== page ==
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Of Interest

See archived entries

Electrical power

Strolling along the AC/DC boulevard

Electrical power is both familiar and mysterious. In our daily lives, we rarely think of the extensive production, transport, conversion and distribution infrastructure that lies behind every switch and wall socket. In a place like ITER, where electrical power has a visible and massive presence (think of the installation's four-hectare switchyard and its mammoth transformers), the distribution infrastructure and all its alien devices and strange contraptions are there for all to see, at least for the moment. And no place is stranger or more alien than the twin magnet conversion buildings, where AC power is converted into DC current, filtered, and smoothed before being delivered to the machine's magnetic system.

Convertors and reactors are provided by Korea and China, busbars come from Russia, and India was responsible for delivering the cooling water system. Built by Europe and transferred to the ITER Organization in April 2019, the twin magnet conversion buildings are an effective illustration of the ITER international collaboration. (Click to view larger version...)
Convertors and reactors are provided by Korea and China, busbars come from Russia, and India was responsible for delivering the cooling water system. Built by Europe and transferred to the ITER Organization in April 2019, the twin magnet conversion buildings are an effective illustration of the ITER international collaboration.
If streetlights, water heaters and home appliances ran on DC current, ITER's twin magnet power conversion buildings could provide power to a city of 50,000 people. The clients for the infrastructure housed in these buildings, however, are not people but magnets—32 converter units, each weighing approximately 22 tonnes, dozens of corresponding "reactors," bridges to connect them, and kilometres of busbars are tasked with feeding the ITER tokamak's superconducting magnets ... all 10,000 tonnes of them.

Like futuristic townhouses lining a boulevard, bizarre contraptions line up along the whole length of the buildings, inside and out, creating a most peculiar atmosphere. What are all these steel and electronic devices for? Only a specialist can tell.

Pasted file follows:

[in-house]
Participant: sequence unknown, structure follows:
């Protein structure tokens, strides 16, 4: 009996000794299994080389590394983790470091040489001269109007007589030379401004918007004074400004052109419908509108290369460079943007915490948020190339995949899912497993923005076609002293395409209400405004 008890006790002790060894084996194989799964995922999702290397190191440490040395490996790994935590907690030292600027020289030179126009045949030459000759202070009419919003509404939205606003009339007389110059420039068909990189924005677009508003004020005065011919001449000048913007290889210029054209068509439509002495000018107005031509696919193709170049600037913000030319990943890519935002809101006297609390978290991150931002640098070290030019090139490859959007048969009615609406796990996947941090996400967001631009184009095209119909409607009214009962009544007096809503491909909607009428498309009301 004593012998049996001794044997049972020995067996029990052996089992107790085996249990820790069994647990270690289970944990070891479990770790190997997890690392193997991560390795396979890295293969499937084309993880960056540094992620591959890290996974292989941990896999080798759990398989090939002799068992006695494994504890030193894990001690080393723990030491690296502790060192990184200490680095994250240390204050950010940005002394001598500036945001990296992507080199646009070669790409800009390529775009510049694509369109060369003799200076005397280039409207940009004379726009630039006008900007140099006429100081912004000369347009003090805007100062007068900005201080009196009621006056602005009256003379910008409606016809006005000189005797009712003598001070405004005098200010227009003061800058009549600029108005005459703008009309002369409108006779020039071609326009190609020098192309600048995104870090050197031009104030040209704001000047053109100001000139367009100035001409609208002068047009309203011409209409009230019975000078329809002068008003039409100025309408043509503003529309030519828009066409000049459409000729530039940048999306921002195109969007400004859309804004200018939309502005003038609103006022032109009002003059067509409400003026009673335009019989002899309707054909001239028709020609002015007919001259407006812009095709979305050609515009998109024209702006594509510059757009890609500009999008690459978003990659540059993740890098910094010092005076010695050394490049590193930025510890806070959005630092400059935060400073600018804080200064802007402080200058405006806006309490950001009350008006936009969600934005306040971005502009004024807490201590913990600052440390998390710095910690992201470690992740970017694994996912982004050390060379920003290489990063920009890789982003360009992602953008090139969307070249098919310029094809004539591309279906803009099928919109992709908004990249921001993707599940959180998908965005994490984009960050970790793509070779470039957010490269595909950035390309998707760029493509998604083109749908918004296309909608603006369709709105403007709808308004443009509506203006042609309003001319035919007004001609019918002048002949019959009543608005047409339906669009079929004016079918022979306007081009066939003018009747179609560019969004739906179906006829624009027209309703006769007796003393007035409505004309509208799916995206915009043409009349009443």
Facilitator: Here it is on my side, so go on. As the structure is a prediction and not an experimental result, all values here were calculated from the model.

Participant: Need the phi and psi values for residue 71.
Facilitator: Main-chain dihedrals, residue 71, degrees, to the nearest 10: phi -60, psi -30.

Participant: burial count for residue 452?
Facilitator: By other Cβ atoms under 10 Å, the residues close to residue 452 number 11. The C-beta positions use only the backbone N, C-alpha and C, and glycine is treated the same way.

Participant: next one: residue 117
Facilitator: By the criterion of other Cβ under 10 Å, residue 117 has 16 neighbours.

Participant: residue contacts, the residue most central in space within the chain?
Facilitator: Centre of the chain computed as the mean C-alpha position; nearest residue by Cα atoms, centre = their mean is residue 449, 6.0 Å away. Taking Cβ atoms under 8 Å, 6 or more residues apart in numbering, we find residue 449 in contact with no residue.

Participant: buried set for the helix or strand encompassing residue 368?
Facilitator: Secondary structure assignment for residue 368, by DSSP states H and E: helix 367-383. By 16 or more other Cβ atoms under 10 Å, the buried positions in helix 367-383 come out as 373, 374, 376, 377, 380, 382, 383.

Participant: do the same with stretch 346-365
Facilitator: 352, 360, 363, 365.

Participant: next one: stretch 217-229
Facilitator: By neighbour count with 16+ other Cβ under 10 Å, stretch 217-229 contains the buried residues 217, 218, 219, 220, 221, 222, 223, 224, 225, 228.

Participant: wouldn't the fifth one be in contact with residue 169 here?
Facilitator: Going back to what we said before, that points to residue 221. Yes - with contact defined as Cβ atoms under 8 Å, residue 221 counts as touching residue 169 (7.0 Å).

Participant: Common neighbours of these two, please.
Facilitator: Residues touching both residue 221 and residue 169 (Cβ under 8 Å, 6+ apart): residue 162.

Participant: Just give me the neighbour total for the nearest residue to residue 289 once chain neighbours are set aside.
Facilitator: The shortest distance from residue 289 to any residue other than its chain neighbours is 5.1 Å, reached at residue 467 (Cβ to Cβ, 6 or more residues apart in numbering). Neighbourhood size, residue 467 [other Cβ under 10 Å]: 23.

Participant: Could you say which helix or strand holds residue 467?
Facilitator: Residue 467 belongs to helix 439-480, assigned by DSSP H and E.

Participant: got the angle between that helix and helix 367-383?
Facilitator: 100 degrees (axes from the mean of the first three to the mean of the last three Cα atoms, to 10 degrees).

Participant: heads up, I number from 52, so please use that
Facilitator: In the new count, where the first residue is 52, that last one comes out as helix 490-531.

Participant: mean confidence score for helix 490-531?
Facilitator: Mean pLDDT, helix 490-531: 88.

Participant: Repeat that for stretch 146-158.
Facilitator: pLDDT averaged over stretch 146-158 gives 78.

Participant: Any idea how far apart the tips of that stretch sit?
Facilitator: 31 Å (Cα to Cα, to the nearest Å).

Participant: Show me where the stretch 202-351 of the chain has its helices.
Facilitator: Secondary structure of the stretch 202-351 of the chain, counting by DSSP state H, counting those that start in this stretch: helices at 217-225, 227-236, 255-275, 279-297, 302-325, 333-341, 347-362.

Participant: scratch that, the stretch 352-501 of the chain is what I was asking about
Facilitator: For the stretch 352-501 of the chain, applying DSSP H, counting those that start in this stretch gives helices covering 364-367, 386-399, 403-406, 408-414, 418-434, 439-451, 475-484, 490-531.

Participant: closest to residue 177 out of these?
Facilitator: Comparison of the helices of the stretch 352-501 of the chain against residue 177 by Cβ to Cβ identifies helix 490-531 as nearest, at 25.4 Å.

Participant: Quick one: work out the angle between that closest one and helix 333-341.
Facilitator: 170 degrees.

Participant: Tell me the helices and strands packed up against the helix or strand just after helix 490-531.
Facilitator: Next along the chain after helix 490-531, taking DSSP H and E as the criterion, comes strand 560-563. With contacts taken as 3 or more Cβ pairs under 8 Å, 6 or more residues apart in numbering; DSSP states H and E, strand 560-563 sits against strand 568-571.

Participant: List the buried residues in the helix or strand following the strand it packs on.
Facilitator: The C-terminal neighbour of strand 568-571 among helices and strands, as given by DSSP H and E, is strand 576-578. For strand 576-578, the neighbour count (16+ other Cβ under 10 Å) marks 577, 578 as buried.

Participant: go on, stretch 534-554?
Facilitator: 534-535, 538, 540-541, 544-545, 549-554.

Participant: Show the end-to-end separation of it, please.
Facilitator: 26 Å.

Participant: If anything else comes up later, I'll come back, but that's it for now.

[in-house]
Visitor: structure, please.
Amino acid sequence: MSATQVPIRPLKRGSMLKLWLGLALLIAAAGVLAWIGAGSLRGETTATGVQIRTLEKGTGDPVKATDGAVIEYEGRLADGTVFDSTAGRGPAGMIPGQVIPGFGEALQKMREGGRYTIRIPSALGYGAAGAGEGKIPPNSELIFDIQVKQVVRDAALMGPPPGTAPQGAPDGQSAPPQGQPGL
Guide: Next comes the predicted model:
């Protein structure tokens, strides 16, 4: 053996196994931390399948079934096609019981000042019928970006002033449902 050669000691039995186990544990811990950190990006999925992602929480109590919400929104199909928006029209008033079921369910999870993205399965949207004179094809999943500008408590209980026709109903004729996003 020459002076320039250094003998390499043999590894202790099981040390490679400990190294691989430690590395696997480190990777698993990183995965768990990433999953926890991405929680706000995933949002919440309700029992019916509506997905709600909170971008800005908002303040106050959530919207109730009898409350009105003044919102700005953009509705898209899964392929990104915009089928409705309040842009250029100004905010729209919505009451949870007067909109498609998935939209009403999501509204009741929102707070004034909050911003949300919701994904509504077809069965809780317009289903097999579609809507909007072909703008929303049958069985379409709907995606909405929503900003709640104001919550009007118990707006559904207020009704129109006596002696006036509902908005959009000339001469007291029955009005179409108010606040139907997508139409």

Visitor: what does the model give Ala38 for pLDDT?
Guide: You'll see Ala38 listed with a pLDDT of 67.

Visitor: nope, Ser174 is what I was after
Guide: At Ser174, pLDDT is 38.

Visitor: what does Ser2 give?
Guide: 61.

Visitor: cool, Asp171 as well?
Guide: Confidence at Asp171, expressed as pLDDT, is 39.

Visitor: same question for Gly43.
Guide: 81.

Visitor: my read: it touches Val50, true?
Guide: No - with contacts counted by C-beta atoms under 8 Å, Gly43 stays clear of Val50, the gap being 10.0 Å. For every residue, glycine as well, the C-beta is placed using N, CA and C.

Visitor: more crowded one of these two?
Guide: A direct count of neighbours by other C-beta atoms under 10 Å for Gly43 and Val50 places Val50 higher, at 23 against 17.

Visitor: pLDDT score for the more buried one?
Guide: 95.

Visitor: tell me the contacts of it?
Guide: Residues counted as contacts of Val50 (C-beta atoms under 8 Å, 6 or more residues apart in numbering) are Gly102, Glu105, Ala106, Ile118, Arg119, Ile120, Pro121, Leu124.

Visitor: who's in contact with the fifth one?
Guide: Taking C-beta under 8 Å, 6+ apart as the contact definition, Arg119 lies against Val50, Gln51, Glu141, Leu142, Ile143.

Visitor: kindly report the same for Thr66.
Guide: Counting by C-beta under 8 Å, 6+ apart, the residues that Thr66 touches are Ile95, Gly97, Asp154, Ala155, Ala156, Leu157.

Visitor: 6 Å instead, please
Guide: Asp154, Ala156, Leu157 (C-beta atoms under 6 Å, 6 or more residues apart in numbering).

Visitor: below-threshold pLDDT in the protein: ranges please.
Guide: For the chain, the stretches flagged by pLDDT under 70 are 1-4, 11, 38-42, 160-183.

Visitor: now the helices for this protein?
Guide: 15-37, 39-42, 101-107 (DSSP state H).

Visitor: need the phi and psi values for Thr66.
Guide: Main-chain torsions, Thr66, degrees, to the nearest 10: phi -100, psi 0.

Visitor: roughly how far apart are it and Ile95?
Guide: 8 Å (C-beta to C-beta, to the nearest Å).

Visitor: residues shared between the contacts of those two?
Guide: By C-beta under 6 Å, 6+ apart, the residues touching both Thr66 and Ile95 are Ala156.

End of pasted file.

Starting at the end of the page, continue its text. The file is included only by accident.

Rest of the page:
Along the "avenues," some blocks are identified by a sign printed in bold characters. This is an indication of what the equipment is destined for—the largest converter sets serving the most powerful coils such as the central solenoid or the 24-metre-in-diameter poloidal field coils, the smallest serving the much lighter corrections coils.

The underground infrastructure is no less impressive. Originating in the cooling tower basins, a large-diametre piping network runs underneath the boulevards, ramifying into much smaller pipes and eventually emerging close to the electrical components.

Like futuristic structures along a city boulevard, bizarre contraptions line up the whole length of the buildings, creating a most peculiar atmosphere. (Click to view larger version...)
Like futuristic structures along a city boulevard, bizarre contraptions line up the whole length of the buildings, creating a most peculiar atmosphere.
Because of the large amount of heat they generate, transformers, converters and reactors must be must be actively cooled at all times. When the installation is fully operational, cooling water will rush through the pipes and valves at the rate of close to 2,000 cubic metres per hour. "Even electronic switches must be cooled," explains David Stachler, the contract responsible officer for the installation of poloidal field coils units. "This is clearly a challenge as water and electricity are not supposed to coexist in such close proximity."

Equipment installation began in the spring of 2019, shortly after the twin buildings were transferred from the European Domestic Agency Fusion for Energy, which built them, to the ITER Organization. Close to three years later, 82 percent of the required equipment for First Plasma has been installed. One of the buildings (tagged #33 in the ITER naming system) is now completely equipped while its twin (# 32) will only be fully installed after First Plasma. The full capacity of the buildings will only be needed when the project enters deuterium-tritium operations in 2035.

An installation playing such a central role in ITER operation must of course be carefully tested before being commissioned. Beginning this summer, each converter will be connected to a dummy load outside the building to verify performance prior to its connection to a magnet coil. The system relies on tens of thousands of manually connected cables, but each set of converters is equipped with a "DC disconnector" capable of shutting off the entire circuit in the case of an incident.

When current begins to run through the converters, reactors and busbars, the buildings will be closed to human presence and strolling along the AC/DC boulevards will no longer be possible.

A dense fibre optic network will link the control-command system to the power sources and magnets so that all operations can be performed remotely from the main ITER Control Building.



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